The last week of the semester blew through rather quickly; I stayed up writing essays, studying for my exams, and bidding farewell to friends. Before I knew it, I was packed and making my way through the cobbled streets to the Airlink service bus to the airport. I knew this day would come; I didn’t realize the utter finality of the situation though.
I remember it like yesterday when I first arrived here, in Edinburgh. The weather was serene, humid even. I wandered the streets to find stores to get bedding for my new accommodation, amazed at the archaic buildings and busy-bustling roads. I had never commuted in such close proximity to the inner city – though at first scary, I came to enjoy how it took only ten minutes to walk down to the grocery store, or to get to my classroom. I made friends, met interesting people and forged everlasting memories. I sat in both dull and riveting lectures. I ate food that made my taste buds dance. I saw magnificent sights that I had only seen on laptop wallpapers. In Edinburgh, I had fallen in love.
Basically how I felt conveyed through physics:
The months came by quickly, but the days seemed to linger. With each passing day, I tried harder to hold onto the moment, to embrace the different lifestyles carried out in this town. I wanted to take notice of everything – of faces, of architecture, of the general feel of being here. I didn’t want to forget it.
My last day in Edinburgh was a bittersweet one. I would be going home to my family and friends whom I’ve not seen for four months; but I would also be leaving this wonderful country.
One last look at Edinburgh before I go…
As I sat in the airport with my boarding pass in my hands, I thought about how much I’ve grown from this experience. I thought about what I would say to my friends and family when they asked how Scotland was. I couldn’t help it; my heart felt heavy, and my hands began to shake. I knew there wouldn’t be any way I could have described this experience to anyone else who hadn’t been there. For a moment, between leaving Scotland and going back to the States, I felt so alone; like waking up from a dream, you want to be able to relay to someone else the events of something so surreal and fantastical but you know that words will fail you, and that the audience may not grasp completely what you want to fully convey to them.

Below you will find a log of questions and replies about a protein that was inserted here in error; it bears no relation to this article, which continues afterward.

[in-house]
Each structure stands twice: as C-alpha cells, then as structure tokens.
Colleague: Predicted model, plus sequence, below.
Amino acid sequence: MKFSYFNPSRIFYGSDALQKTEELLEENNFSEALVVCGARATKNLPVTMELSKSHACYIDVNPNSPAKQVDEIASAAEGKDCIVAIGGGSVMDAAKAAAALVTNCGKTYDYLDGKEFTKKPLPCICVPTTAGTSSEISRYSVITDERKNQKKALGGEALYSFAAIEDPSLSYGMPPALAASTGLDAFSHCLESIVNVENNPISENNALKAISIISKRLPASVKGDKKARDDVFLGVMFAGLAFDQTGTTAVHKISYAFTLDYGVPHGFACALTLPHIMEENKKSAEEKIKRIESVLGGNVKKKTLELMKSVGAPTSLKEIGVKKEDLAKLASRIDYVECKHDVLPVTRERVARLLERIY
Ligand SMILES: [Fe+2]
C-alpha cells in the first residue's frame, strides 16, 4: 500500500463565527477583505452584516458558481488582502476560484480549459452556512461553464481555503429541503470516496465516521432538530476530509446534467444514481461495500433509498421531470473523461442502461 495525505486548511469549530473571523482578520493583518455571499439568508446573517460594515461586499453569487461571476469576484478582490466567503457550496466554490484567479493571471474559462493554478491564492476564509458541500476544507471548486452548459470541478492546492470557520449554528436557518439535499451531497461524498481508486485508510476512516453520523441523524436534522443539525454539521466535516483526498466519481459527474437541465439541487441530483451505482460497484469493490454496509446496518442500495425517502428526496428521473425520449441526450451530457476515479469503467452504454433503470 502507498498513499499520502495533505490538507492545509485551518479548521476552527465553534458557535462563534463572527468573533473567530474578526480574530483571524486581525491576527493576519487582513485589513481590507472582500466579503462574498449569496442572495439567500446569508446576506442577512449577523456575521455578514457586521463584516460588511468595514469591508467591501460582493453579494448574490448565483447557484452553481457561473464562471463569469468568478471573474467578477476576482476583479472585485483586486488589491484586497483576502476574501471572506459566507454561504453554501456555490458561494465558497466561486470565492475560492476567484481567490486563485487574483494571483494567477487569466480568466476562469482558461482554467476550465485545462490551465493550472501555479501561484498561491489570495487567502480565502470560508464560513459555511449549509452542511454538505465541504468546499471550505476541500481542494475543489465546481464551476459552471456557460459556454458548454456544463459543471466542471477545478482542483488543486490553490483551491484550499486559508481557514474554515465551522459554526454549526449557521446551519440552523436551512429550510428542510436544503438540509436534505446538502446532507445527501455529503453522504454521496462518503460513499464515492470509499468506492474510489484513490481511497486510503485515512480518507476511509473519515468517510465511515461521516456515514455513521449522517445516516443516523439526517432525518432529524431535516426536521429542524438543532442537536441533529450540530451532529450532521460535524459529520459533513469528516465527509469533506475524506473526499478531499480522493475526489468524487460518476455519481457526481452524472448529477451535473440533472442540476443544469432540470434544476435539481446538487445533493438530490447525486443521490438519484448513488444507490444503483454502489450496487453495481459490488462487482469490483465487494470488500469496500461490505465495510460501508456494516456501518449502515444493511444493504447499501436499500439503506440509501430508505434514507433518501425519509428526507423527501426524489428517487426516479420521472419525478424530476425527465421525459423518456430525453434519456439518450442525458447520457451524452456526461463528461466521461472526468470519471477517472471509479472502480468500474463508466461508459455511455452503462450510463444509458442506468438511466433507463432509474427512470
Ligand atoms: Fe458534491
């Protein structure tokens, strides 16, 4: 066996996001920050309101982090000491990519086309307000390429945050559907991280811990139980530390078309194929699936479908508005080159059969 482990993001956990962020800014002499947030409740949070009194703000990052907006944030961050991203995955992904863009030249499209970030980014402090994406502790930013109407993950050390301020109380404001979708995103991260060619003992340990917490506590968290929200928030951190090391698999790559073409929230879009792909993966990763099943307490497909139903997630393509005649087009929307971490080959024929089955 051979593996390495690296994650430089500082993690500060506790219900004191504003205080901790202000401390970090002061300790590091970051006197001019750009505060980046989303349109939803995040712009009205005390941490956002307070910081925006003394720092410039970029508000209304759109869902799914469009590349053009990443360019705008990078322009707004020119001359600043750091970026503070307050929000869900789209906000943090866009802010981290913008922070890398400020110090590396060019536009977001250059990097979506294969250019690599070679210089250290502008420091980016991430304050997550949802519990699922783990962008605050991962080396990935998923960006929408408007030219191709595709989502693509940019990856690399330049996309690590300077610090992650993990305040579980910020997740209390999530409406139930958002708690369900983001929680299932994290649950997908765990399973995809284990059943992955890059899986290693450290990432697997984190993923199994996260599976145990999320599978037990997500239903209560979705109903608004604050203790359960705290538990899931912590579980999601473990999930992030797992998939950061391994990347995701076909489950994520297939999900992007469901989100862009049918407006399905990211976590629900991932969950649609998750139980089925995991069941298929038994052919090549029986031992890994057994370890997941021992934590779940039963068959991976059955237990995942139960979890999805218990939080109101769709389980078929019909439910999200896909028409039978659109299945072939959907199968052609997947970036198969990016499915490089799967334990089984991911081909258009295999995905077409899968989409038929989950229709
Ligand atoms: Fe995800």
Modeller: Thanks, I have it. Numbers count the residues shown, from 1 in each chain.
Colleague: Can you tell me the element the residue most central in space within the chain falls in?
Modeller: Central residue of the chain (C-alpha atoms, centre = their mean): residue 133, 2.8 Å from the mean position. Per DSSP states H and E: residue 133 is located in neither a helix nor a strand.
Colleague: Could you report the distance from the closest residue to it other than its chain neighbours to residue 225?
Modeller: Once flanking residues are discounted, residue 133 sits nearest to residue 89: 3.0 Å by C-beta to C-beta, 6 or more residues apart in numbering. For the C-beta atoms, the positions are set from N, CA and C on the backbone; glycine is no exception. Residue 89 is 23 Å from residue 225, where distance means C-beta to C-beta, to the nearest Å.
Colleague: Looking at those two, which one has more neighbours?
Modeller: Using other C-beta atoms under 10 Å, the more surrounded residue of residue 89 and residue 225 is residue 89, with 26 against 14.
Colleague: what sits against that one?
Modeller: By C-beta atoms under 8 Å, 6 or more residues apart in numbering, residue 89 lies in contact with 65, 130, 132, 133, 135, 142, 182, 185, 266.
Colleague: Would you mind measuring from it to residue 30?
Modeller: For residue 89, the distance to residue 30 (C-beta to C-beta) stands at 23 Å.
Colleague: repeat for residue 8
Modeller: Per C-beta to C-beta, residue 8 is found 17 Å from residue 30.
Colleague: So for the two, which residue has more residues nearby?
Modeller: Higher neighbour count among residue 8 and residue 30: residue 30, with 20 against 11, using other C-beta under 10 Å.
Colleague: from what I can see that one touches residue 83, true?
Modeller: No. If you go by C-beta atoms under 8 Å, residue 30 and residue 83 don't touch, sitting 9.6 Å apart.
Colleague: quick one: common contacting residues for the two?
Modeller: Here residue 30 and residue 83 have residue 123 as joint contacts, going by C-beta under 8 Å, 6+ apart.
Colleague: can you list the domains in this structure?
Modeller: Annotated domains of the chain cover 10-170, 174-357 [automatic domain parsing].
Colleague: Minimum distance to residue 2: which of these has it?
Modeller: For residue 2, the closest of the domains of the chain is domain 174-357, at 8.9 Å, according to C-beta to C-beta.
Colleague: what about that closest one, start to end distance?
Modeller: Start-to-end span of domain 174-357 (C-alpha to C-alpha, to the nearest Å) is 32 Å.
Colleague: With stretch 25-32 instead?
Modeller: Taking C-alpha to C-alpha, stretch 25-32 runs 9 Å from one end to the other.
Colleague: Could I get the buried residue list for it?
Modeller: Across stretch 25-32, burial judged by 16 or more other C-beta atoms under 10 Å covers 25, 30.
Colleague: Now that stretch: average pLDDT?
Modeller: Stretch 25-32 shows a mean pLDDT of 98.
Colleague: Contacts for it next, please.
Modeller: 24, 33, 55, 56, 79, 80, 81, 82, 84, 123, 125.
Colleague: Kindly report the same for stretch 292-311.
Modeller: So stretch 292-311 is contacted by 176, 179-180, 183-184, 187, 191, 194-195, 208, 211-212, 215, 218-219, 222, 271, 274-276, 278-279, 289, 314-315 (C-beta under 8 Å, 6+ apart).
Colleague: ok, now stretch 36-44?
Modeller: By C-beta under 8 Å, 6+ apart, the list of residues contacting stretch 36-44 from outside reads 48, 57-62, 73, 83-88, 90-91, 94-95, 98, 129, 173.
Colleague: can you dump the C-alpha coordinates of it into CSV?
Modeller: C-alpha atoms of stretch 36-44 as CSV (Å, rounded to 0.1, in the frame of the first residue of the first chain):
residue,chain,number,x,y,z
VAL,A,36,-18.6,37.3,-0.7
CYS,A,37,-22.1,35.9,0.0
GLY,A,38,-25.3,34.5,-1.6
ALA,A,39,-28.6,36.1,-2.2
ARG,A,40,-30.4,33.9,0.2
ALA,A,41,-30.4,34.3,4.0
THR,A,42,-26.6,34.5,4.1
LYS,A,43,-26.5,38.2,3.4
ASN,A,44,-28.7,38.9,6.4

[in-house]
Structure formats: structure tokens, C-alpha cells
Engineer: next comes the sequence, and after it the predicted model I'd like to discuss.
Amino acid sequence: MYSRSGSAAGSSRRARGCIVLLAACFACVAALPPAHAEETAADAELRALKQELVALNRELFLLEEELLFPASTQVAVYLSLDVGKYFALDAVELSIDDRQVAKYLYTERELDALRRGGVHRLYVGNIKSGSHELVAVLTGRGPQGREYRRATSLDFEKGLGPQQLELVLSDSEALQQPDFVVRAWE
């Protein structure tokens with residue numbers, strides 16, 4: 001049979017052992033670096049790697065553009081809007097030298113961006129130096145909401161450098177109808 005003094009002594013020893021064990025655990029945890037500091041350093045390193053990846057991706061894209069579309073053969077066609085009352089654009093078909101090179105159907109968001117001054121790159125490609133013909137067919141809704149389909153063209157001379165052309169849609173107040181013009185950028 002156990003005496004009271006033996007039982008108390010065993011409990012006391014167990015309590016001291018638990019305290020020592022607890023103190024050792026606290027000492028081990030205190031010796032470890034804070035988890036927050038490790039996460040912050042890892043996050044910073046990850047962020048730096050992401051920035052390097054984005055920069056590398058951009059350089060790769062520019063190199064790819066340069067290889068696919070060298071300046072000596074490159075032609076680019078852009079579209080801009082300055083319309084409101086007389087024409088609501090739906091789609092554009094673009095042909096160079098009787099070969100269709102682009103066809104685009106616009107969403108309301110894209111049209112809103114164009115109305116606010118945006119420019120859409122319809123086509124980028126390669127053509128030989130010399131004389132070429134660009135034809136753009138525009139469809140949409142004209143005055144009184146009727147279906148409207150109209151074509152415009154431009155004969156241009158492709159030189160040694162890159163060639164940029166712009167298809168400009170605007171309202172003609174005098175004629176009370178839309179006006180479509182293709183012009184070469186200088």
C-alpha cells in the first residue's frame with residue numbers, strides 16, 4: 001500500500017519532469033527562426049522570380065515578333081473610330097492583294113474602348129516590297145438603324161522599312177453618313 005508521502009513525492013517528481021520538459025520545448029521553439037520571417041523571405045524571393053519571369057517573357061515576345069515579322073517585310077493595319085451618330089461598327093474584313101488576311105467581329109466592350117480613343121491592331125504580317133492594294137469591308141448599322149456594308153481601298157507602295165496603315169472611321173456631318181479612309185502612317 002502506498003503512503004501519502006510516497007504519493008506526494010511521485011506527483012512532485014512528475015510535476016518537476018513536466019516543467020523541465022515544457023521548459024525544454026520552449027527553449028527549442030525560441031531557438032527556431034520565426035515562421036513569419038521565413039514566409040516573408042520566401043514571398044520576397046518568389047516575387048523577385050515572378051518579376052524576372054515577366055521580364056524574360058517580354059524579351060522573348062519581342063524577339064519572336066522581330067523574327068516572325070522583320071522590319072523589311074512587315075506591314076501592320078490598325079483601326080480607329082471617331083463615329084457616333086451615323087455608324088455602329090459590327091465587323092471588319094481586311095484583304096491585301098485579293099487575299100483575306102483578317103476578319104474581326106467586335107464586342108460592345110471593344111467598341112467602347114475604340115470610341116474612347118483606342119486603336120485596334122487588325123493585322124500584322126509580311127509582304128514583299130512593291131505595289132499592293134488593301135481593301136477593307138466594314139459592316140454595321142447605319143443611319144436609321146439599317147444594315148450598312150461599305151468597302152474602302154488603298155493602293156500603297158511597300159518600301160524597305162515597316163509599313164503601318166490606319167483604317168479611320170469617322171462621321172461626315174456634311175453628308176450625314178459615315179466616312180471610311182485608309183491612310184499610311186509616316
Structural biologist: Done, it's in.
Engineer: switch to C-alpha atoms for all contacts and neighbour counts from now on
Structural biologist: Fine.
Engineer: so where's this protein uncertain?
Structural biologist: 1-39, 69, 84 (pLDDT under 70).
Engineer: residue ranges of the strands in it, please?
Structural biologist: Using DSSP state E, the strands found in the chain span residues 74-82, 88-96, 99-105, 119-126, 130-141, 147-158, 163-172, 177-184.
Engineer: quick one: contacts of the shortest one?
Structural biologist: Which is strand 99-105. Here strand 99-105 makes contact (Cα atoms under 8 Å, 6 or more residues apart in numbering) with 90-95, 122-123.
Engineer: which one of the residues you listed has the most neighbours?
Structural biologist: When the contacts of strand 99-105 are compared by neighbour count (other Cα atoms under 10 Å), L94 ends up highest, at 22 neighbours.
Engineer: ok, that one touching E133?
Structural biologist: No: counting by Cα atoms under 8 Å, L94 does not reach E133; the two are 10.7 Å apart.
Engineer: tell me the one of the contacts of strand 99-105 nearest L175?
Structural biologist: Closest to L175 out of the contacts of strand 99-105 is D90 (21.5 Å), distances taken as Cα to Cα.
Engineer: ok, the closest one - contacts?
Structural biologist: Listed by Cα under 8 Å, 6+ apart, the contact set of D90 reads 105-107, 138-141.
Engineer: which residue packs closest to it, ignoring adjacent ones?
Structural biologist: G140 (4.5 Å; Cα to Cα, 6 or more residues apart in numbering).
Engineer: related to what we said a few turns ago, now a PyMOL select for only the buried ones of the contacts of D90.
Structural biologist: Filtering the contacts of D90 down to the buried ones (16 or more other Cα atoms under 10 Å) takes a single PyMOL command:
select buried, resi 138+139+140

That was what it was like coming home. I didn’t know where to start when people asked me about my study abroad experience; it was too much to be fully encompassed in a few mere words and hand gestures. I gave people the highlights of my study abroad experience, hoping I could impart to them how meaningful it was to me, difficult as that may be.
Even though I had a grand time in Scotland, it was good to be back. My friends excitedly began to make plans to reconvene and meet up; my family eagerly welcomed me back just in time for the holidays and I myself enjoyed a return to familiarity that I have not seen for a long time.
I will miss Edinburgh, no doubt. I will think fondly of my time overseas, but for now, I will return to my life in Minnesota.